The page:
From Useless to Usefulness: I Realize I’m Still Helping Others

Kellie McRae avatar

by Kellie McRae |

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normalcy, adversity

I was a workaholic; I don’t have a hard time admitting that. Part of me was proud of my work ethic — after all, I was dubbed “Hurricane” because I worked circles around everyone else. Now I have lupus, and fatigue is a big part of battling this disease; it leaves me worn out even if I’ve done nothing. And sometimes I even wake up exhausted. For some of us, the condition is so aggressive that working in the traditional sense is no longer an option. This is my fate. When you have chronic pain and fatigue and are told to avoid the sun, selling real estate in Florida becomes a memory.

I received this news at age 46. Most people would consider it a blessing to be told, basically, to retire at 46. I might have thought the same thing at 43, but when I received my diagnosis, it felt like a life sentence of torture. I have worked since then to generate some income to take care of myself because I don’t receive any financial assistance. But I can no longer work in the way that I had grown to love.

Over the years, I have experienced mental, physical, and emotional changes. One of the recent shifts was the feeling that I had no purpose. I know I can attribute some of that to the depression accompanying this battle. Depression involves looking back, and that perspective doesn’t serve me well. I previously believed that I was contributing and now I feel that the opposite is true. As I move forward, I spend a lot of time on my sofa, continually reevaluating my thoughts and feelings. Along with the belief that I have no purpose, I feel like a lazy bum. People tell me that I am still doing more than most: I sew, host a coffee gathering, teach online, blog, and create videos  — and yet I still feel useless. I realize that these feelings come from comparing my previous identity as a physically active person to my current status. However, I should recognize that I am still engaged, albeit in different ways.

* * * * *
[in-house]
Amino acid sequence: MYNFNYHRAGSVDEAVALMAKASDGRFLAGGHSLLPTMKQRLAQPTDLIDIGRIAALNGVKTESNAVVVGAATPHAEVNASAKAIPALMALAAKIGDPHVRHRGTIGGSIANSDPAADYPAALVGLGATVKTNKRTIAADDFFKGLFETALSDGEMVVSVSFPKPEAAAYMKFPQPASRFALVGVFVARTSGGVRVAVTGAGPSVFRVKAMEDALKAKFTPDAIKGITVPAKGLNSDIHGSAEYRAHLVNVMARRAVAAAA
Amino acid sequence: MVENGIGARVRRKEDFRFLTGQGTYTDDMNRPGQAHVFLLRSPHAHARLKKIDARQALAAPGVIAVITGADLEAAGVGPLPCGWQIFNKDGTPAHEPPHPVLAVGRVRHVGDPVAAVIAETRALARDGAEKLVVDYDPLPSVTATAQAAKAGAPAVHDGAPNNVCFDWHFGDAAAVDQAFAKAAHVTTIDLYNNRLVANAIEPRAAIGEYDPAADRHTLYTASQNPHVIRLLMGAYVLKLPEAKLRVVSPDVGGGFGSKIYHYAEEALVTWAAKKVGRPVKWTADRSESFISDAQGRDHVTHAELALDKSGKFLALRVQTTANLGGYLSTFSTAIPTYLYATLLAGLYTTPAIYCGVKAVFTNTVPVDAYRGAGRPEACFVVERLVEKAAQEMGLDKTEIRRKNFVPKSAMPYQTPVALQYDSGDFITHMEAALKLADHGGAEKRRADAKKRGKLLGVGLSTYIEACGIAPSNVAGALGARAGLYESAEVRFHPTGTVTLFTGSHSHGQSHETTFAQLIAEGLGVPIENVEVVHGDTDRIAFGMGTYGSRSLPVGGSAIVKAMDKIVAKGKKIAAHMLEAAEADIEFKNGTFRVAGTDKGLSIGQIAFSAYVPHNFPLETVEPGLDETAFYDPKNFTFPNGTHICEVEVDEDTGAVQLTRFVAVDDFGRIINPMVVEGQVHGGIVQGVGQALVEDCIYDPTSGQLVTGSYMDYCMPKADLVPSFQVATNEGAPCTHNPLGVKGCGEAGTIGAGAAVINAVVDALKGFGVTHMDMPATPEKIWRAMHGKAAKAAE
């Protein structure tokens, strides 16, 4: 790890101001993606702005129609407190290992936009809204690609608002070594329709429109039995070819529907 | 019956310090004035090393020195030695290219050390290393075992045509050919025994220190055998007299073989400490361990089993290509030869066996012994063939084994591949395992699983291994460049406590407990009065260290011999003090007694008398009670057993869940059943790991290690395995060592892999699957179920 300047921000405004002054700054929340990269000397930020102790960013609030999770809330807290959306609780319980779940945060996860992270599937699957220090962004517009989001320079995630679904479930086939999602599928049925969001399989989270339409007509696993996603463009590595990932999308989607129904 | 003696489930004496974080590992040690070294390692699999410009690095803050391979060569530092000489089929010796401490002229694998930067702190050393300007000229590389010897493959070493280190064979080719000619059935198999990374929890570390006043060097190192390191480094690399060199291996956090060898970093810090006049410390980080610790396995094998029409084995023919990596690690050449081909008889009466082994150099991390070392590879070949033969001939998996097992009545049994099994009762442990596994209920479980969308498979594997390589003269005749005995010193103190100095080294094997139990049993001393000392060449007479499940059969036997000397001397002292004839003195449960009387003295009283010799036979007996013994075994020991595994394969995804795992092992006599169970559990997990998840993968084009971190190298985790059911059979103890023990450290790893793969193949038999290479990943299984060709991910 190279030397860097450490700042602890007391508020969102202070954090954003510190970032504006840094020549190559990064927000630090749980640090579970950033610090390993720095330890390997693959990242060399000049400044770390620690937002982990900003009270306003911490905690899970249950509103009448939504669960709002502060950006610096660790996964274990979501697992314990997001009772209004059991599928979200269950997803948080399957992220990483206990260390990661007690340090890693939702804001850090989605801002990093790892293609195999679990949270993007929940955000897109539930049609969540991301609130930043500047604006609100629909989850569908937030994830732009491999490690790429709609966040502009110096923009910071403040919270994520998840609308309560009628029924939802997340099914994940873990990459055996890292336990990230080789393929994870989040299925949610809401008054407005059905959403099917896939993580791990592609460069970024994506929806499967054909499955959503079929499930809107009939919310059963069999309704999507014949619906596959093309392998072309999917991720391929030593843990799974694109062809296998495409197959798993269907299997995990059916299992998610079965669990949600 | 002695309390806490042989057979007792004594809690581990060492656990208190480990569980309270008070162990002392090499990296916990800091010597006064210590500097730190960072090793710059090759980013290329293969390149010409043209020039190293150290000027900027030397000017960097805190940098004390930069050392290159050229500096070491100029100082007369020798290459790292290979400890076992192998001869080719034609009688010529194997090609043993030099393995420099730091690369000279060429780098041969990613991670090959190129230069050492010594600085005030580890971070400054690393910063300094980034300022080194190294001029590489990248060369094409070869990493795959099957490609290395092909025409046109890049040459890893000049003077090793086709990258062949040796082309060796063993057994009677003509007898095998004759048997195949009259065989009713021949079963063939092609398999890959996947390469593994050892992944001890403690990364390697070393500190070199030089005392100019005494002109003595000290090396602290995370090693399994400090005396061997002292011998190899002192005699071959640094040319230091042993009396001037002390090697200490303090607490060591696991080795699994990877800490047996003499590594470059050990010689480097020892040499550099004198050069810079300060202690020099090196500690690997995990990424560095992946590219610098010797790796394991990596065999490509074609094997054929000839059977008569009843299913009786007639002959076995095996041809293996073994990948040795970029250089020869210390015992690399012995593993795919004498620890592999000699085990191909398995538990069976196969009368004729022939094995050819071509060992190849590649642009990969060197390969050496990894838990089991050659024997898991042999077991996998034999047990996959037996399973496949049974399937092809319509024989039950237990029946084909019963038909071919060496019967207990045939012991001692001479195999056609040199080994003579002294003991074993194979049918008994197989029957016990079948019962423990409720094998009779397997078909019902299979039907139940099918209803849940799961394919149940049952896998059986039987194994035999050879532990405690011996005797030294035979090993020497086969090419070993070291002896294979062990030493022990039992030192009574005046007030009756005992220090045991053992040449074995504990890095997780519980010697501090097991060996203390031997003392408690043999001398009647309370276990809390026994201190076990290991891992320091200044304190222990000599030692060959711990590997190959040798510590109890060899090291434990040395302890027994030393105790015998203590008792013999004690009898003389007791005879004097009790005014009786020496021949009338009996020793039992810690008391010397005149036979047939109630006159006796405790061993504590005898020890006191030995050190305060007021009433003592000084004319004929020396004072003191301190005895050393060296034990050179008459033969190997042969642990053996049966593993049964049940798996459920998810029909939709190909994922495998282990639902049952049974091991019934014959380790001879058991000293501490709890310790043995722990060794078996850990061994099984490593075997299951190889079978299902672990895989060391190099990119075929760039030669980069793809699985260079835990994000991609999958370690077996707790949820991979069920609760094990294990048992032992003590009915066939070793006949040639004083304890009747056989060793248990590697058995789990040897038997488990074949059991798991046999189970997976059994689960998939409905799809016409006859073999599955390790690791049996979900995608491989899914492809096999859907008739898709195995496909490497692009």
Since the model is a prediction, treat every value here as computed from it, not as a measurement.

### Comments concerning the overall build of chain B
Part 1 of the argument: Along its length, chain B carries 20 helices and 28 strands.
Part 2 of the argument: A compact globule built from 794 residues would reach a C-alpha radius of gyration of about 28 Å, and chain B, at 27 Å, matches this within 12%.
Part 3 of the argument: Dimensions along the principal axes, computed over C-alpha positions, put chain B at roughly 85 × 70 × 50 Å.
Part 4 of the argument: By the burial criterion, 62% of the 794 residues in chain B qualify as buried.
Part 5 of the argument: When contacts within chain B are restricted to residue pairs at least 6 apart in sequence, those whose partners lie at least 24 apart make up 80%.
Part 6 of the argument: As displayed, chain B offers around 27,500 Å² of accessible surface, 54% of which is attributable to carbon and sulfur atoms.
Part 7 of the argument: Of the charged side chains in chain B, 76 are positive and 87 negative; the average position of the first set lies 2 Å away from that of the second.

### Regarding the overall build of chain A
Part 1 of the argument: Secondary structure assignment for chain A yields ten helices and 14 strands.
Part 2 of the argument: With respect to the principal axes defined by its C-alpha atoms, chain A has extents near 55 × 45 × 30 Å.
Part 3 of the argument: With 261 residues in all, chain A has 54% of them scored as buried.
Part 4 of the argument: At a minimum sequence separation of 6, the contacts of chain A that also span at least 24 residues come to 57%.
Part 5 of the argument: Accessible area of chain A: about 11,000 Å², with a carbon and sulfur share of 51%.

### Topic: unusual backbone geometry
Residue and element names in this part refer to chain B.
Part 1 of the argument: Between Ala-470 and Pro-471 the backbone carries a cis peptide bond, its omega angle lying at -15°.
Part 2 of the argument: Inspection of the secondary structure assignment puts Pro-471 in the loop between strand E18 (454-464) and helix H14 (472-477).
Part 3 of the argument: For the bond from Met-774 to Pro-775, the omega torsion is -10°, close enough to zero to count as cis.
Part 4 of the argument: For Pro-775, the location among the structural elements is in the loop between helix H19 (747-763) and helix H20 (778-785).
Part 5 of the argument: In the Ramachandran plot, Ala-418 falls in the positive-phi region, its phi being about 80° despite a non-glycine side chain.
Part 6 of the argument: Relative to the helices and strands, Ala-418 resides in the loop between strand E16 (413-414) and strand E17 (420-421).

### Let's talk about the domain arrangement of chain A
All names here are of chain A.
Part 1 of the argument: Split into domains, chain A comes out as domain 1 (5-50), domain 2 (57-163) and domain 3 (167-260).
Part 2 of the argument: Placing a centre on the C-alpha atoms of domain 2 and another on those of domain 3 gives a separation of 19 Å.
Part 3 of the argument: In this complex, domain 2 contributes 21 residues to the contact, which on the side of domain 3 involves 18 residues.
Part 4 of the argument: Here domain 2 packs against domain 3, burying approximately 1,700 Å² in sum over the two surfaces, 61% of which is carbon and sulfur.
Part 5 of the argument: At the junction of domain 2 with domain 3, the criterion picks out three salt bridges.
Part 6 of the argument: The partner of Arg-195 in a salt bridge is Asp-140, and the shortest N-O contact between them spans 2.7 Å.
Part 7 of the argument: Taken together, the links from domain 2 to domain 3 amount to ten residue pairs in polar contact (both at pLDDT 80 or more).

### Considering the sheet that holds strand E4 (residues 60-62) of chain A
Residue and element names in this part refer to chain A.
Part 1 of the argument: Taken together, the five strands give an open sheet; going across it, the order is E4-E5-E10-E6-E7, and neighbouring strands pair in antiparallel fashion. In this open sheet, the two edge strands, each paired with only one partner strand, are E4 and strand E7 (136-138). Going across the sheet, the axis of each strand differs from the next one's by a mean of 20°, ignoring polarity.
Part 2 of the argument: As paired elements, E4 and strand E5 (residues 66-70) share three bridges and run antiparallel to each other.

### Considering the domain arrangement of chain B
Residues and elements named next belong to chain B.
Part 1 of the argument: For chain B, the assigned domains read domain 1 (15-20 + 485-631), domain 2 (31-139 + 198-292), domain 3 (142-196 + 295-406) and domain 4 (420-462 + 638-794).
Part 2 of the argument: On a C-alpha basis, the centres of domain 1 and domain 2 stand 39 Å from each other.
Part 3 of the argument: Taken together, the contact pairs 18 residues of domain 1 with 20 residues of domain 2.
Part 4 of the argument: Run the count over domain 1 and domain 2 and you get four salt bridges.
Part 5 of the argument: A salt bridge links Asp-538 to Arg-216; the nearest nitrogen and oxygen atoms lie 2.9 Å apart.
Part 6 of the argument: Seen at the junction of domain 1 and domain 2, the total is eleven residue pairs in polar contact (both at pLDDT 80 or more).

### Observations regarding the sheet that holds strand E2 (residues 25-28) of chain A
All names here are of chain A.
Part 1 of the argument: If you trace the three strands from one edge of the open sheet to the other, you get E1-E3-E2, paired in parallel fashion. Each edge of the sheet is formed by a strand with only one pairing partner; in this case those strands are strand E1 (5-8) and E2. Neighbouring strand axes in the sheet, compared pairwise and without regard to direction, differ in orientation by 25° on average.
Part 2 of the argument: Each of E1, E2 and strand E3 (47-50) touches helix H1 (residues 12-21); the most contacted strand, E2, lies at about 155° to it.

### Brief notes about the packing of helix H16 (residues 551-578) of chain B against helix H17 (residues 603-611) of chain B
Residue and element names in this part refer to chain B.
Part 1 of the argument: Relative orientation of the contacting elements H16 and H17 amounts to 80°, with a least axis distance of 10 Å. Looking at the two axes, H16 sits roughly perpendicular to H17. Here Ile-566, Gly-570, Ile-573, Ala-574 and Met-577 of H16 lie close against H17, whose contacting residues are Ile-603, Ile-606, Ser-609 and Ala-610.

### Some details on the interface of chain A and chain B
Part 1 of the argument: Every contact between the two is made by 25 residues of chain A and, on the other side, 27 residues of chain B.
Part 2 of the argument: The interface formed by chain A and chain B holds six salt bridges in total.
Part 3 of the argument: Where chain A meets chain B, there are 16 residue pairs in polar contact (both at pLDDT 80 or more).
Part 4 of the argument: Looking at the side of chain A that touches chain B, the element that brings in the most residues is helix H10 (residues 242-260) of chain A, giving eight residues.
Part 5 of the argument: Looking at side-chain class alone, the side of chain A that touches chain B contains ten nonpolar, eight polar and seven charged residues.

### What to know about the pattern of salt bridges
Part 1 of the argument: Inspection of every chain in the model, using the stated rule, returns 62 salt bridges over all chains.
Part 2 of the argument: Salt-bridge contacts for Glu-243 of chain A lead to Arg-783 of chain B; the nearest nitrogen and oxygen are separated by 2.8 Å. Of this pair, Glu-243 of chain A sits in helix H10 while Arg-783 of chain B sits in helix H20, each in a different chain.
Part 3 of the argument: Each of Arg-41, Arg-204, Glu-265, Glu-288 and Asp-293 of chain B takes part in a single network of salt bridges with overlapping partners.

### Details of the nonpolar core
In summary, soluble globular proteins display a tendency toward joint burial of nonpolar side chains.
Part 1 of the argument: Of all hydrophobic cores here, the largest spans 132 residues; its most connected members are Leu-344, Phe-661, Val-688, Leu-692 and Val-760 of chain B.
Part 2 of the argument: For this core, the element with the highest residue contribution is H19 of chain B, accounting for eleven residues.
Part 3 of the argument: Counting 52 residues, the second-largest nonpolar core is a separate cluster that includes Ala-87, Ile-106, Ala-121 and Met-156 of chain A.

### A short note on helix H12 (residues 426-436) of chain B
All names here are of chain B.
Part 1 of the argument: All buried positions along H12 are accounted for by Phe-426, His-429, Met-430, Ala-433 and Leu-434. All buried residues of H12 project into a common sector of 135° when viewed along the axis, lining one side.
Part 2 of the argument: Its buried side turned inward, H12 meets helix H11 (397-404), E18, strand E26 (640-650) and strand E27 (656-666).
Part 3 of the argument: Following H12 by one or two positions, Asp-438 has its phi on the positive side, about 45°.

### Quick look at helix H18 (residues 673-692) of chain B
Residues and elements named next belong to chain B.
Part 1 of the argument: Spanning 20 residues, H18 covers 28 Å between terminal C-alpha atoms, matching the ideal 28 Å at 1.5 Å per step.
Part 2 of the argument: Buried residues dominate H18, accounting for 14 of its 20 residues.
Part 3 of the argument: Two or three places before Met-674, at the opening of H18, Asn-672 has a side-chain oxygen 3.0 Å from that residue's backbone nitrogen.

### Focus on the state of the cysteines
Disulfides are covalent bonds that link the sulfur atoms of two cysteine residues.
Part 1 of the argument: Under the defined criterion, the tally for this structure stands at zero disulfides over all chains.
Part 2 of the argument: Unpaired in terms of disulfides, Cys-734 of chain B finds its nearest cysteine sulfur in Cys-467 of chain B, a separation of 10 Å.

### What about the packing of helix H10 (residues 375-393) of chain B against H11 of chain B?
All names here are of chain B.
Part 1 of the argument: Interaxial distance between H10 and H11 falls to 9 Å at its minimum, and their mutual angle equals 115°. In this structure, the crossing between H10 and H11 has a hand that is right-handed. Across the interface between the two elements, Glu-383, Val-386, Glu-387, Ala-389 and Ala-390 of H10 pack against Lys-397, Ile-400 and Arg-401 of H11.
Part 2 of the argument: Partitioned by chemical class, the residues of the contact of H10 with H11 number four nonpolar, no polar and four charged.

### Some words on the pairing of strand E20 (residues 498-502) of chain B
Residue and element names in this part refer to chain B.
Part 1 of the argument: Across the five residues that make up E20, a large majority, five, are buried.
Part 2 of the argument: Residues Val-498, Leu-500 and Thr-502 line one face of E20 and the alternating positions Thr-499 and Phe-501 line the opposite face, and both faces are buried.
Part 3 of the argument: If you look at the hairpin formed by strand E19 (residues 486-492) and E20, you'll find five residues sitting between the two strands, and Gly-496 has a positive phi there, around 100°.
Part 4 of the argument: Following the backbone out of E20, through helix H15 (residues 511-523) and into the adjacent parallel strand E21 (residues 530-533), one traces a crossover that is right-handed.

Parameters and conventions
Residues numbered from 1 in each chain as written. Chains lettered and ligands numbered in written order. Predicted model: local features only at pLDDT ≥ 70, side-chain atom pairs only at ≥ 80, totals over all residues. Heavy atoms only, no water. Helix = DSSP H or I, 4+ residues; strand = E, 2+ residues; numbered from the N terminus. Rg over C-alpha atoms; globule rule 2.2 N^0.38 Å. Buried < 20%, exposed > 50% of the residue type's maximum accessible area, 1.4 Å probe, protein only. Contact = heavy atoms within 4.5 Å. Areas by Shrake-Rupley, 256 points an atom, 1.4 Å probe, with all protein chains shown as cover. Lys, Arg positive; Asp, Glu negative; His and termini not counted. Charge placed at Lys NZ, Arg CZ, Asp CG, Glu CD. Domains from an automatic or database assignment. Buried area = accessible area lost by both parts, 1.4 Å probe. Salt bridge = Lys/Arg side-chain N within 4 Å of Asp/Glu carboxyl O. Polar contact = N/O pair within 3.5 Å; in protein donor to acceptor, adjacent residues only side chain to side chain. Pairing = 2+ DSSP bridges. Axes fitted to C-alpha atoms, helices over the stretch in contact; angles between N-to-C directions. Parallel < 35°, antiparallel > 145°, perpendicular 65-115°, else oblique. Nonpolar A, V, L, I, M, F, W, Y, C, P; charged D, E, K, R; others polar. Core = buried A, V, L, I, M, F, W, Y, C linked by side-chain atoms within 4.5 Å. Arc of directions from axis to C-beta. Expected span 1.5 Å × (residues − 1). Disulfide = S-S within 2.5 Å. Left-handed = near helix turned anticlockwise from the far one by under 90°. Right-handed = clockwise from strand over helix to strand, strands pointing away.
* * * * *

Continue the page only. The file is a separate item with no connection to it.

I recently took a trip to the United States. I didn’t tell my family about the precise reasons for my visit — I said that it was a “brain break.” When I arrived at my daughter’s place, I shared the real reason for my trip: I needed to be in a place where I was loved and allowed to be me. By sharing my feelings, I learned a few things.

I provide support for my kids and strength to those around me. When I arrived home, one of my old military friends came to visit. She told me that my experience has encouraged her to do things and make provisions in her life that she wouldn’t otherwise have considered. I get health updates in my inbox from various people. Many have told me that the information I share has helped them to change their eating habits, and given them suggestions about talking to their doctors and the courage to advocate for themselves. A few have moved abroad because of my experiences. They share their health updates with me because they feel that I am a part of their team.

And here was I thinking that I was no longer making an impact because I wasn’t physically showing up. I’m learning that I am still helping others. When I feel that I have no point or purpose, trying to fill my time and space in a fulfilling way isn’t easy — particularly when I am accustomed to working and solving problems. Now I realize that believing I matter and have something to contribute is vital to my well-being. While my version of being useful involved a lot of activity, I’m learning that creating videos, writing columns, and sharing my experiences with others is another form of usefulness.


Note: Lupus News Today is strictly a news and information website about the disease. It does not provide medical advice, diagnosis, or treatment. This content is not intended to be a substitute for professional medical advice, diagnosis, or treatment. Always seek the advice of your physician or other qualified health provider with any questions you may have regarding a medical condition. Never disregard professional medical advice or delay in seeking it because of something you have read on this website. The opinions expressed in this column are not those of Lupus News Today, or its parent company, BioNews Services, and are intended to spark discussion about issues pertaining to lupus.


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